Coal-related pollutants continue to rise at many of the country's biggest mines, power plants and export facilities, prompting demands for stricter controls to limit health damage costing billions of dollars a year.
The latest National Pollutant Inventory, released at the end of March, revealed the extent of 93 key toxins from 4000 enterprises, including particulates that can spur premature death by worsening existing heart and lung conditions.
Victoria's Hazelwood brown coal-fired power station, which shut on Friday, emitted 61,425 tonnes of toxins in the year to June 30, 2016, one of the largest totals. The tally included almost 700 tonnes of fine particulates with a width of 2.5 micrometres – about 1/30th the width of a human hair – that can enter the blood stream.
While Hazelwood's emissions fell over the year, those at Loy Yang B power plant in the Latrobe Valley jumped 13 per cent and Yallourn's 2 per cent.
In NSW, the Bayswater coal-fired power station reported a 770 per cent jump in toxic coarse particle pollution (known as PM10, of about 10 microns size) over the past five years, while Queensland's Tarong power plant recorded a 237 per cent increase in just one year.
The latest NPI data reveal the total failure of Australian governments to control air pollution and highlight the need for much stronger pollution controls and regulation, James Whelan, a researcher for Environmental Justice Australia, said.
Dr Whelan said the annual health damage in Australia from air pollution was between $11 billion and $24.3 billion.
That total squares with a study conducted for the NSW government six years ago – and given little publicity – that estimated yearly costs in that state were about $6 billion.
Dr Whelan said particulate pollution from coal mining had tripled in the past decade. Pollution from mines such as Bulga in the Hunter Valley increased 32 per cent in the past year. At Drake Coal in Queensland, the increase was more than four-fold.
Coarse particulates (PM10) emitted by Newcastle's three coal terminals also rose 25 per cent last year, much faster than the increase of about 10 per cent in coal volumes, he said.
Taking in Sydney, Wollongong and Newcastle, coal-fired power plants contributed 87 per cent of the area's 187,000 tonnes of sulphur dioxide and more than a third of the 724 kilograms of mercury registered over the year.
Fairfax Media sought comment from the federal Environment Minister Josh Frydenberg. Victoria's Environment Minister Lily D'Ambrosio declined to comment.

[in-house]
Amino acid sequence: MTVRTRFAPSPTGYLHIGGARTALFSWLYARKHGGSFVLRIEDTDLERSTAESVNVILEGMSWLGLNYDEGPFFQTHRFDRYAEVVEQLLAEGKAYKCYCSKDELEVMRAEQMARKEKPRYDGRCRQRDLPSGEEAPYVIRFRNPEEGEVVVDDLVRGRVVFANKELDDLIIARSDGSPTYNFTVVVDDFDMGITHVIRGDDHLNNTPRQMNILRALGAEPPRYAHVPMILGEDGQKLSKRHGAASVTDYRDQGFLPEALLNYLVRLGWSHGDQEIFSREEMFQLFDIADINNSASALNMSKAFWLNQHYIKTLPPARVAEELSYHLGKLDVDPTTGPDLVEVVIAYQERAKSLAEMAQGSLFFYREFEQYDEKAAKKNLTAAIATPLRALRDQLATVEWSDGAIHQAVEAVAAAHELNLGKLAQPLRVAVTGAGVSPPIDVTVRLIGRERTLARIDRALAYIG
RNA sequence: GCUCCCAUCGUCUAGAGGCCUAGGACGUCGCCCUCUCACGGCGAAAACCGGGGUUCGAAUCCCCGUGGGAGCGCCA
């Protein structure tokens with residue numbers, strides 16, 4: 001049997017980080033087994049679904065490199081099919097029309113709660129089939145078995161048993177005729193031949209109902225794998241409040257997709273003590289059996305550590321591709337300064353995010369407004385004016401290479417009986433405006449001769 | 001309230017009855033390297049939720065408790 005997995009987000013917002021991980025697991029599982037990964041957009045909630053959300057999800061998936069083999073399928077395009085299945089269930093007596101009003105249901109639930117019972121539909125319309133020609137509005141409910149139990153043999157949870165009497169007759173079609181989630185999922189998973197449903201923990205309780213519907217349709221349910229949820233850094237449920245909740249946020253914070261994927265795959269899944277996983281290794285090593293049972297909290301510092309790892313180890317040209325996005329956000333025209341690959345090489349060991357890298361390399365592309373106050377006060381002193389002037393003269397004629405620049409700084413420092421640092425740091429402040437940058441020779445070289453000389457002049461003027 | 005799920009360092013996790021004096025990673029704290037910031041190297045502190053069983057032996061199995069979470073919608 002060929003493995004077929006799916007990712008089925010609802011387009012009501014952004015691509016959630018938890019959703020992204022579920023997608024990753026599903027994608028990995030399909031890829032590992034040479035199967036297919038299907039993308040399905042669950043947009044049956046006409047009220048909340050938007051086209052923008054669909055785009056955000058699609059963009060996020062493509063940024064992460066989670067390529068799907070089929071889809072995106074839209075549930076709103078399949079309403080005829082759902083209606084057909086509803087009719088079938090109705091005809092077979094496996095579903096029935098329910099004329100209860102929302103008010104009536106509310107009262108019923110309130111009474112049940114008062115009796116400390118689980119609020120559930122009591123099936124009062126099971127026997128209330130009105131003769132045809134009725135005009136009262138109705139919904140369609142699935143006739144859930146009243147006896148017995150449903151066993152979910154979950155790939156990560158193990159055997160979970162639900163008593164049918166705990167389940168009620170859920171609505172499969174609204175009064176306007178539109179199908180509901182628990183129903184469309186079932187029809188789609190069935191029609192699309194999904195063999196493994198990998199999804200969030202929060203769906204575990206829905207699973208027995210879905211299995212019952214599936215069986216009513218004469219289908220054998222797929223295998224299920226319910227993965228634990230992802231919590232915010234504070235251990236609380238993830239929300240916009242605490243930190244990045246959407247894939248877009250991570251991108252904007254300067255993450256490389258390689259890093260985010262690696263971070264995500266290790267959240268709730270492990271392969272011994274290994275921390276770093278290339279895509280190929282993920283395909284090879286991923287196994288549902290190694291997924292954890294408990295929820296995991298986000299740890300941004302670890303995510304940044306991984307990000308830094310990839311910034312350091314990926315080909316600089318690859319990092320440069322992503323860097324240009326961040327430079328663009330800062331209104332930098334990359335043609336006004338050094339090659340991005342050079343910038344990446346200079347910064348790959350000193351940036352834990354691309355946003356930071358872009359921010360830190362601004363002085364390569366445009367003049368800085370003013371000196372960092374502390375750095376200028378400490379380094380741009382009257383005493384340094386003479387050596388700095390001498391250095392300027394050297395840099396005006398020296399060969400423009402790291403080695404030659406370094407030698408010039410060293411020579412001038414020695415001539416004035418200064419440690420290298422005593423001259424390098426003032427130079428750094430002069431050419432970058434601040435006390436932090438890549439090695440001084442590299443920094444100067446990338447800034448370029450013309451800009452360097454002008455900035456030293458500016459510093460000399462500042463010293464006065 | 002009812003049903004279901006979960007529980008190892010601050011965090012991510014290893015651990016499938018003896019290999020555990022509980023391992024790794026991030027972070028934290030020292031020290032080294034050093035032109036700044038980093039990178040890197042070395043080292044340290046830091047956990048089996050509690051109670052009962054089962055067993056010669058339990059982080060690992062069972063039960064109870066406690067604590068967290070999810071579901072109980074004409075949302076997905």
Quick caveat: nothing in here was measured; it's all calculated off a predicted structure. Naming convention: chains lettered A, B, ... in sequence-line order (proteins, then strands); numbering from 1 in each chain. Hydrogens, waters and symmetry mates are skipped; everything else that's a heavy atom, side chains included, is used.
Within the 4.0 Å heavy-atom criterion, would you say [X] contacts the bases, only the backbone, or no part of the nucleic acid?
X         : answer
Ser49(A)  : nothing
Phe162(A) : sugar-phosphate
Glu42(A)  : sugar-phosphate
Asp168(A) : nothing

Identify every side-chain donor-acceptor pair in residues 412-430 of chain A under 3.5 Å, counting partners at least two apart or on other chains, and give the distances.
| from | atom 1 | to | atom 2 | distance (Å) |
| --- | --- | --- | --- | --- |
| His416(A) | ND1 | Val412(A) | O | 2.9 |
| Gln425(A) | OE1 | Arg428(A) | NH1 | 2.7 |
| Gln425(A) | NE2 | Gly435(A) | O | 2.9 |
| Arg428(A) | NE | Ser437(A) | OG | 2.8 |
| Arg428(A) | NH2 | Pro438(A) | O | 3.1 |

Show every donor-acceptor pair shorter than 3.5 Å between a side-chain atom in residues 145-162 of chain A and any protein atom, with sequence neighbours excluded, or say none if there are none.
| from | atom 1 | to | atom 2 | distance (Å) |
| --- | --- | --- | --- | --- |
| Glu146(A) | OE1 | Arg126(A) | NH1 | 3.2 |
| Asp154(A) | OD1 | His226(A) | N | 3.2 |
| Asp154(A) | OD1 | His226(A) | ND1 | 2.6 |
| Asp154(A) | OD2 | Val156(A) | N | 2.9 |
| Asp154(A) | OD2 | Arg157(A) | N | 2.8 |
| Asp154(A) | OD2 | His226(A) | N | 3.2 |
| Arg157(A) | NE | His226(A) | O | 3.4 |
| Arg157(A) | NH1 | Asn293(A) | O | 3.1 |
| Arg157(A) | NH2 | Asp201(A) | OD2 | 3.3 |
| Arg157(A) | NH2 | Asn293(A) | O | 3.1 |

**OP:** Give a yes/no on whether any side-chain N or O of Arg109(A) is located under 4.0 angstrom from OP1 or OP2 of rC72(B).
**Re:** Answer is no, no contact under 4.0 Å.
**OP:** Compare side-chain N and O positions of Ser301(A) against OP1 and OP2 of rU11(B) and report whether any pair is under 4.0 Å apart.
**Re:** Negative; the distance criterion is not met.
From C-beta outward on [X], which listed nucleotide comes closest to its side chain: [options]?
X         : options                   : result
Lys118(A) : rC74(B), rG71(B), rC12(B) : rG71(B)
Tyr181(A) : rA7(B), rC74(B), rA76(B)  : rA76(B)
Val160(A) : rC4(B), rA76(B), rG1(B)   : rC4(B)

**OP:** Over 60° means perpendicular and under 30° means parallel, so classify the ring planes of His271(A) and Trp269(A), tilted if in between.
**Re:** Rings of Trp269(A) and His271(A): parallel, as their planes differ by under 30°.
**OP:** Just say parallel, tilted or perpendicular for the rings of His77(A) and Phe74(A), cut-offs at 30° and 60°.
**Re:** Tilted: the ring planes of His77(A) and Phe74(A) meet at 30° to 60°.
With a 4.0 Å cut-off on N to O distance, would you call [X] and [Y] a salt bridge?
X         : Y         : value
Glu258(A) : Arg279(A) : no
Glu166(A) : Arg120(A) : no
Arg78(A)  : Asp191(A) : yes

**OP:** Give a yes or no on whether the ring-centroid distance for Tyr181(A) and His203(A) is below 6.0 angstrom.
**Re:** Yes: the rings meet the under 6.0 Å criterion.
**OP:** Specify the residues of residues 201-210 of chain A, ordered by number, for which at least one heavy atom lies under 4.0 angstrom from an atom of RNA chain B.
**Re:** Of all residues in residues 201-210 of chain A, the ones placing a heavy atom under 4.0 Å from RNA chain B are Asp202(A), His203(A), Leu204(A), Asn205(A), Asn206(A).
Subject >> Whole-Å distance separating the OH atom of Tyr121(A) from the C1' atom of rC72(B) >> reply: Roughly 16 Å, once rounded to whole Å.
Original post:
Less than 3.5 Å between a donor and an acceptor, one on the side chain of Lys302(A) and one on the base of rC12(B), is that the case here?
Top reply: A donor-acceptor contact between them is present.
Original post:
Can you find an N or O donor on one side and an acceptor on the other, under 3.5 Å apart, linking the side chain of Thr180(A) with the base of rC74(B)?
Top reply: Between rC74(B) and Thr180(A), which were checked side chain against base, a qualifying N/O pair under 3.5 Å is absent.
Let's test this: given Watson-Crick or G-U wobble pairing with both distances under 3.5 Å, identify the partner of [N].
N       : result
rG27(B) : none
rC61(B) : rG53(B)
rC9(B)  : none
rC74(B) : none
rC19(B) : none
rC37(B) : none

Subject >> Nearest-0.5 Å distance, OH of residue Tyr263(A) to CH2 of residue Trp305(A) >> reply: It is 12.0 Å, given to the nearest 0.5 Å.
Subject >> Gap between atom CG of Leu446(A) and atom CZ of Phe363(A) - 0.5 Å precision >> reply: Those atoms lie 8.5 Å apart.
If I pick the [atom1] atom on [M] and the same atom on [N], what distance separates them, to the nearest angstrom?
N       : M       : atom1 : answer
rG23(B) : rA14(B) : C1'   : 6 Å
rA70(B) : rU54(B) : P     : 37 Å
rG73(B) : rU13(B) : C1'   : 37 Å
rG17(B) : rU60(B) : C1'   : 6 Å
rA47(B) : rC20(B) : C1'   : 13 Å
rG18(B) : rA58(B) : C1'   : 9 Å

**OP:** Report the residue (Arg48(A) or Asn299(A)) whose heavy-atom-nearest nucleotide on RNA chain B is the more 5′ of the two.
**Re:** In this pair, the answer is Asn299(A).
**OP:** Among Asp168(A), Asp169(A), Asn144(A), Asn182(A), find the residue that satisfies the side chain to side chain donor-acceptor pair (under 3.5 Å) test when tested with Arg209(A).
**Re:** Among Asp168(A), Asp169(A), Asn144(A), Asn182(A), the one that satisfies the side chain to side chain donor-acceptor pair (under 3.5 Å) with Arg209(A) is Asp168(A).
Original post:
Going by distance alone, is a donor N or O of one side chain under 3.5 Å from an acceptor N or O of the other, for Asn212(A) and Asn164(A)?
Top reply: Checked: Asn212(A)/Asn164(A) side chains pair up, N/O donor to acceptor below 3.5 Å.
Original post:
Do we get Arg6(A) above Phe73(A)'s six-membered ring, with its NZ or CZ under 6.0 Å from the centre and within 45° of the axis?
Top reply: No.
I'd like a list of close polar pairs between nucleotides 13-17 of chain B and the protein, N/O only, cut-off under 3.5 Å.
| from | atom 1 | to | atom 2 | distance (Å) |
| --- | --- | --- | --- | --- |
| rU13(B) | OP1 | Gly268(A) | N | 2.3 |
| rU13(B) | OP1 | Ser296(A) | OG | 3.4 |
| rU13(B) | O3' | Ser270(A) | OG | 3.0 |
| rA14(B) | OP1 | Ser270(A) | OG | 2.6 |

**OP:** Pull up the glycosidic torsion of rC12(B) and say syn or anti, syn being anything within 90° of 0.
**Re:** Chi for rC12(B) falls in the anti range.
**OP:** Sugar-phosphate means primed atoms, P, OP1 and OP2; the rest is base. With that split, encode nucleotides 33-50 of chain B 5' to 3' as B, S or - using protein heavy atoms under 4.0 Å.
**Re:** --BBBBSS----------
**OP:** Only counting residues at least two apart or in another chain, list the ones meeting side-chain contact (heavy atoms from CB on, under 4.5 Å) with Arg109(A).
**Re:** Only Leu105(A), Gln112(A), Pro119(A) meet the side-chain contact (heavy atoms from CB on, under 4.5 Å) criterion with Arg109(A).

It's a stark reminder that we need to be mindful of all the impacts of pollution, not only carbon, Tony Burke, federal Labor's environment spokesman, said.
The NSW Environment Protection Authority said the 2015-16 NPI revealed an overall reduction in the state of 13 per cent in PM10 and a 24 per cent fall for PM2.5 particulates.
The NSW government led the review of the national standards for airborne particles and, as a result, NSW and Australia now have one of the toughest packages of standards for fine particles in the world, an EPA spokeswoman said.
The EPA, though, had been asked to review the anomalously steep drop in particulate emissions from two coal-fired power plants at Vales Point and Mt Piper.
According to the inventory, Vales Point reported a decline of about a third in PM2.5 emissions even though power generated rose about 10 per cent. For Mt Piper, the dive was in the order of more than 90 per cent even as electricity output rose more than 15 per cent.
These two are clearly under-reporting, Dr Whelan said.
NSW was tasked with developing standards for particulate matter under the National Clean Air Agreement but failed to advocate effectively for standards that would protect human health, Mehreen Faruqi, NSW Greens environment spokeswoman, said. NSW's proposal was so bad, Victoria actually went it alone and adopted more stringent standards.
Penny Sharpe, NSW Labor environment spokeswoman, said the commitment to stringent air quality standards was not an academic exercise. It is an issue of life or death.
NSW has signed up to lower air quality standards than recommended by the World Health Organisation, Ms Sharpe said, noting that proposals such a giant waste incinerator fo Eastern Creek in Sydney's far west has the potential to make things worse.
By Peter Hannam